AGCA

Construction employment increased by 23,000 jobs in August 2018 and by 297,000 jobs over the past year, reaching a 10-year high, while the industry's unemployment rate stood at an all-time low, according to an analysis of new government data by the Associated General Contractors of America.

Construction costs climbed again in March, with increases for a wide range of building materials, including many that are subject to proposed tariffs that could drive prices still higher and cause scarcities, according to an analysis by the Associated General Contractors of America of Labor Department data released April 10.

Construction employment increased in 248 out of 358 metro areas between January 2017 and January 2018, declined in 68 and stagnated in 42, according to a new analysis of federal employment data released today by the Associated General Contractors of America.

The chief executive officer of the Associated General Contractors of America, Stephen E. Sandherr, released the following statement in reaction to the introduction of H.R. 4997, the Giving Retirement Options to Workers Act of 2018, or GROW Act for short by Congressmen Phil Roe and Donald Norcross: "This new Congressional proposal provides attractive new options for many firms that are looking to offer good retirement benefits without incurring the liability that comes with traditional defined benefit plans.

The chief executive officer of the Associated General Contractors of America, Stephen E. Sandherr, released the following statement in reaction to President Trump's State of the Union call for $1.5 trillion in new infrastructure investments and significantly accelerating the approval process for projects:"President Trump understands that the best way to fully capitalize on recently enacted tax reforms is to make significant new investments in infrastructure.

The Associated General Contractors of America (AGC) provided has provided checks to construction workers from various companies in the Houston area to help pay for Hurricane Harvey damages. "Contractors may do hard work, but they have soft hearts, especially when it comes to helping some of their own," said Art Daniel, AGC president and head of AR Daniel Construction.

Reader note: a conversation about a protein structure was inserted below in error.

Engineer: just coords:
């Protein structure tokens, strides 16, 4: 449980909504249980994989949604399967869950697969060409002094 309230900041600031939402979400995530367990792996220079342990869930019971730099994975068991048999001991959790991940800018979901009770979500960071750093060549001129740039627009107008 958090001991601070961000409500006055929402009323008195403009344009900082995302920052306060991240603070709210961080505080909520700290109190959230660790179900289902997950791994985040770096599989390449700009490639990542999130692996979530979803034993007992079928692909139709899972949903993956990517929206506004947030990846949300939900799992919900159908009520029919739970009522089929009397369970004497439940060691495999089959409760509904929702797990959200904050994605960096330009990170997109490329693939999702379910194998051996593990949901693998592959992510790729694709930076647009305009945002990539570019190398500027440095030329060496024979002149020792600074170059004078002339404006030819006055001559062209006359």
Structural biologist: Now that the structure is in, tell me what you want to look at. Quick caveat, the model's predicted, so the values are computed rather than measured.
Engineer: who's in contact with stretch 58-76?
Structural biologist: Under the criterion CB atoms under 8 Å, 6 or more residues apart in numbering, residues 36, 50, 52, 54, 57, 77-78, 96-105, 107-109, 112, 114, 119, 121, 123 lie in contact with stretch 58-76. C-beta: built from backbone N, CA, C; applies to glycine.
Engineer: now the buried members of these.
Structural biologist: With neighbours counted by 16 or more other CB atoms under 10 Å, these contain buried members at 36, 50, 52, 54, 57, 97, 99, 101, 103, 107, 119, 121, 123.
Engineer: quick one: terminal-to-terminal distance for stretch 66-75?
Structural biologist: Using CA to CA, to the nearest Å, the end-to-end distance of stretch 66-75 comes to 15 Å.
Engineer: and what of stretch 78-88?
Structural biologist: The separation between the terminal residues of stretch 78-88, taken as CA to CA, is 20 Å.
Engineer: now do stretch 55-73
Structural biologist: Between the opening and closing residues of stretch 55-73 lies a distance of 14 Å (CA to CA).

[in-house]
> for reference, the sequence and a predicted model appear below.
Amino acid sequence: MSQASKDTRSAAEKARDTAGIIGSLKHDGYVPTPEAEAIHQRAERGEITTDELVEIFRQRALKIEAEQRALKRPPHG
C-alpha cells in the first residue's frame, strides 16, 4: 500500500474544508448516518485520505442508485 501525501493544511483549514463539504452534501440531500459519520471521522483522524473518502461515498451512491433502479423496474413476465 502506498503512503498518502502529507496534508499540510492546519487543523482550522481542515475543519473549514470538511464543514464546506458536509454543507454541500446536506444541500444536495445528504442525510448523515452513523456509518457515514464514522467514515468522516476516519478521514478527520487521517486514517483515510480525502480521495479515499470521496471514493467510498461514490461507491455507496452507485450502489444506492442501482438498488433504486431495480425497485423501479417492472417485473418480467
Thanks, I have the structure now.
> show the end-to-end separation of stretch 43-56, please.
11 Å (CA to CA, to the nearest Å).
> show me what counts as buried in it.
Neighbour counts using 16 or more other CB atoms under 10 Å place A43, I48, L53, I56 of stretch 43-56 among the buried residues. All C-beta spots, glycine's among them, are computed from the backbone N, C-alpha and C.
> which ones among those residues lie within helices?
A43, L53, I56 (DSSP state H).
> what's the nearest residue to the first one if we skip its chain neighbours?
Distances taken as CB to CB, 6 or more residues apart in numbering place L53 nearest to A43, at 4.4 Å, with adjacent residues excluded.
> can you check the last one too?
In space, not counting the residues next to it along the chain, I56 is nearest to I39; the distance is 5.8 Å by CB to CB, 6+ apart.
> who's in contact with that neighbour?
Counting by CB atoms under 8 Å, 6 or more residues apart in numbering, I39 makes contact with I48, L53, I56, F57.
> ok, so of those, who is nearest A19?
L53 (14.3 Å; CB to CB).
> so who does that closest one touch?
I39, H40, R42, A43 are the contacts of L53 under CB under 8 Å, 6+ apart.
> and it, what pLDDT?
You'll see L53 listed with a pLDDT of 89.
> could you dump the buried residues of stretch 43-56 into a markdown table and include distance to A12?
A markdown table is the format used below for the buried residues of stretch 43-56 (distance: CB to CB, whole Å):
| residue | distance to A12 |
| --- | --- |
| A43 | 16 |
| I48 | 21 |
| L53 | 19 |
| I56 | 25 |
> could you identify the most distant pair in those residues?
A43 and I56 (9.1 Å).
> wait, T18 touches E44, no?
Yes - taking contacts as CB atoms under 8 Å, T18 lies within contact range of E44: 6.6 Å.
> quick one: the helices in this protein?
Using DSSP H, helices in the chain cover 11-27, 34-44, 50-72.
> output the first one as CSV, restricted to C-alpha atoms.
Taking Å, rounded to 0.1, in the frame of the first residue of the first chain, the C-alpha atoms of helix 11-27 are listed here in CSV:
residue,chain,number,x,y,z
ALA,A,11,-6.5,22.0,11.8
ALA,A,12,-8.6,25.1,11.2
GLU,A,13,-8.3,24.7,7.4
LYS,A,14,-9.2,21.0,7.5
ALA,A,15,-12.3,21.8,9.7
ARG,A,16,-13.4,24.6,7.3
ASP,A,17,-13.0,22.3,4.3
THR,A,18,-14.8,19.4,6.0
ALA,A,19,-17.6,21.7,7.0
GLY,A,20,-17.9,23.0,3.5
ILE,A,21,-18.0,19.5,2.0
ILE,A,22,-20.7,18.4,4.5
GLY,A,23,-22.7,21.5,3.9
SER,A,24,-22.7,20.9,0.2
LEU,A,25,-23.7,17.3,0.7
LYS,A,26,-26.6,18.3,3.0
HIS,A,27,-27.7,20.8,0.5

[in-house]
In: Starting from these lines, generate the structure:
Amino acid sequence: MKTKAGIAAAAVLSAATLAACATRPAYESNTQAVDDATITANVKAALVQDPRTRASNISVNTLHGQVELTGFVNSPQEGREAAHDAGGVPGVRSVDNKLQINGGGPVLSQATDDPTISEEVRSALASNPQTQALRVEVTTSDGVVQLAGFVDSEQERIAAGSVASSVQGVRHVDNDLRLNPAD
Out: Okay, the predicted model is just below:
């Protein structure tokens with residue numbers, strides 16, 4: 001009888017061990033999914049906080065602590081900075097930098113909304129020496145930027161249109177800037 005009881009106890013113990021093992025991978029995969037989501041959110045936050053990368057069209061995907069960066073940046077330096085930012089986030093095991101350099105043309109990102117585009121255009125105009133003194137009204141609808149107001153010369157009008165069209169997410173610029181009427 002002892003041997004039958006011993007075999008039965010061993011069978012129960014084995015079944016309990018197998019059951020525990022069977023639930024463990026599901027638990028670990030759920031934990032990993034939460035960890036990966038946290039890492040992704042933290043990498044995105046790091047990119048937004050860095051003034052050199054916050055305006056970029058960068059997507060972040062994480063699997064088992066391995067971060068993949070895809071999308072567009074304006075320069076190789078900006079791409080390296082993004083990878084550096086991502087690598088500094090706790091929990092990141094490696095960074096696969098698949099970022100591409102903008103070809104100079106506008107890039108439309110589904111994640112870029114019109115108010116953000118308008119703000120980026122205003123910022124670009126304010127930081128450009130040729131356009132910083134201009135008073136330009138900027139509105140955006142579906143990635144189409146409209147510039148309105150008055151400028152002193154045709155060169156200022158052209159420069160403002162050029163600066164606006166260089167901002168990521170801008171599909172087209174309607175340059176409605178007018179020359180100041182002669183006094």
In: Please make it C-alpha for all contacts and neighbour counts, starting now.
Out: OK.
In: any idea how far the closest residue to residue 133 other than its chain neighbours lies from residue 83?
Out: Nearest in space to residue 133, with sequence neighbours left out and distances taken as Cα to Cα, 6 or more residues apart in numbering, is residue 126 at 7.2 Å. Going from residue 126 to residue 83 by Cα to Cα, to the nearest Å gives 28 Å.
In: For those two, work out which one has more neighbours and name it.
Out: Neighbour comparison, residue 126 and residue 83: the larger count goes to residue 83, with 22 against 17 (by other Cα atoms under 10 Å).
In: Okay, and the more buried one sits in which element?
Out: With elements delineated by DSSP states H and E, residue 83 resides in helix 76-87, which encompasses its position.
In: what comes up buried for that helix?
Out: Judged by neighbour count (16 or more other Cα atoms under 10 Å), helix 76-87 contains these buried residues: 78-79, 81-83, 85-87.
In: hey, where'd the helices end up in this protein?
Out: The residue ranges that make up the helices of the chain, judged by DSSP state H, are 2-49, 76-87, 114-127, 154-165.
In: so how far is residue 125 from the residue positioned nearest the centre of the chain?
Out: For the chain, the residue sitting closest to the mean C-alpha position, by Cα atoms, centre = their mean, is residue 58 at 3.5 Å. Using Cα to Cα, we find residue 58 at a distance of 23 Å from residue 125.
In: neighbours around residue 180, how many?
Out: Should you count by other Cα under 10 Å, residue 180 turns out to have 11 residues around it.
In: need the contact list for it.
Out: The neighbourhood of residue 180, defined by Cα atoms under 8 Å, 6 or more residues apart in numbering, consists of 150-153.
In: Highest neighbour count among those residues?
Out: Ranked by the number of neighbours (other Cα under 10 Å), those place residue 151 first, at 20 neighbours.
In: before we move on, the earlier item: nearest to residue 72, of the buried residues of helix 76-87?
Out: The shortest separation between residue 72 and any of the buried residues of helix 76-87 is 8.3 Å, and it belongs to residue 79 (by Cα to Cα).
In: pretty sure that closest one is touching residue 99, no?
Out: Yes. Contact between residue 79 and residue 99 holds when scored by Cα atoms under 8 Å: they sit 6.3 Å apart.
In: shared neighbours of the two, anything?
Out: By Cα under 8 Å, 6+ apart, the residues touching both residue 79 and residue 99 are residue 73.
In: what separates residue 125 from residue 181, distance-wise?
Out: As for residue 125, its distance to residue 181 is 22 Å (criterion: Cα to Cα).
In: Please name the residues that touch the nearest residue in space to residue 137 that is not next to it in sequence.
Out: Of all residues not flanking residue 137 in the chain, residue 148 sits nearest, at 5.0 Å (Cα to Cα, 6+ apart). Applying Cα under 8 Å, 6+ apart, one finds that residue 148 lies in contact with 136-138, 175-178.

Seventy-five percent of construction firms plan to expand their payrolls in 2018 as contractors are optimistic that economic conditions will remain strong as tax rates and regulatory burdens fall, according to survey results released Jan. 3 by the Associated General Contractors of America and Sage Construction and Real Estate.

Most major construction spending categories increased from July to August but activity was mixed compared to spending levels a year earlier, according to an analysis of new government data by the Associated General Contractors of America. Association officials noted that big drops in public investments mean infrastructure will continue to deteriorate and impede economic growth.

The CEO of the Associated General Contractors of America, Stephen E. Sandherr, released the following statement in reaction to the Unified Framework released Sept. 28 by congressional leaders and the Trump administration:"The tax reform framework is a step in the right direction.

Seventy percent of construction firms report they are having a hard time filling hourly craft positions that represent the bulk of the construction workforce, according to the results of an industry-wide survey released today by Autodesk and the Associated General Contractors of America.

Forty-one states added construction jobs between June 2016 and June 2017 amid continuing widespread demand for construction services, while 25 states and the District of Columbia added construction jobs between May and June, according to an analysis by the Associated General Contractors of America of Labor Department data released July 21.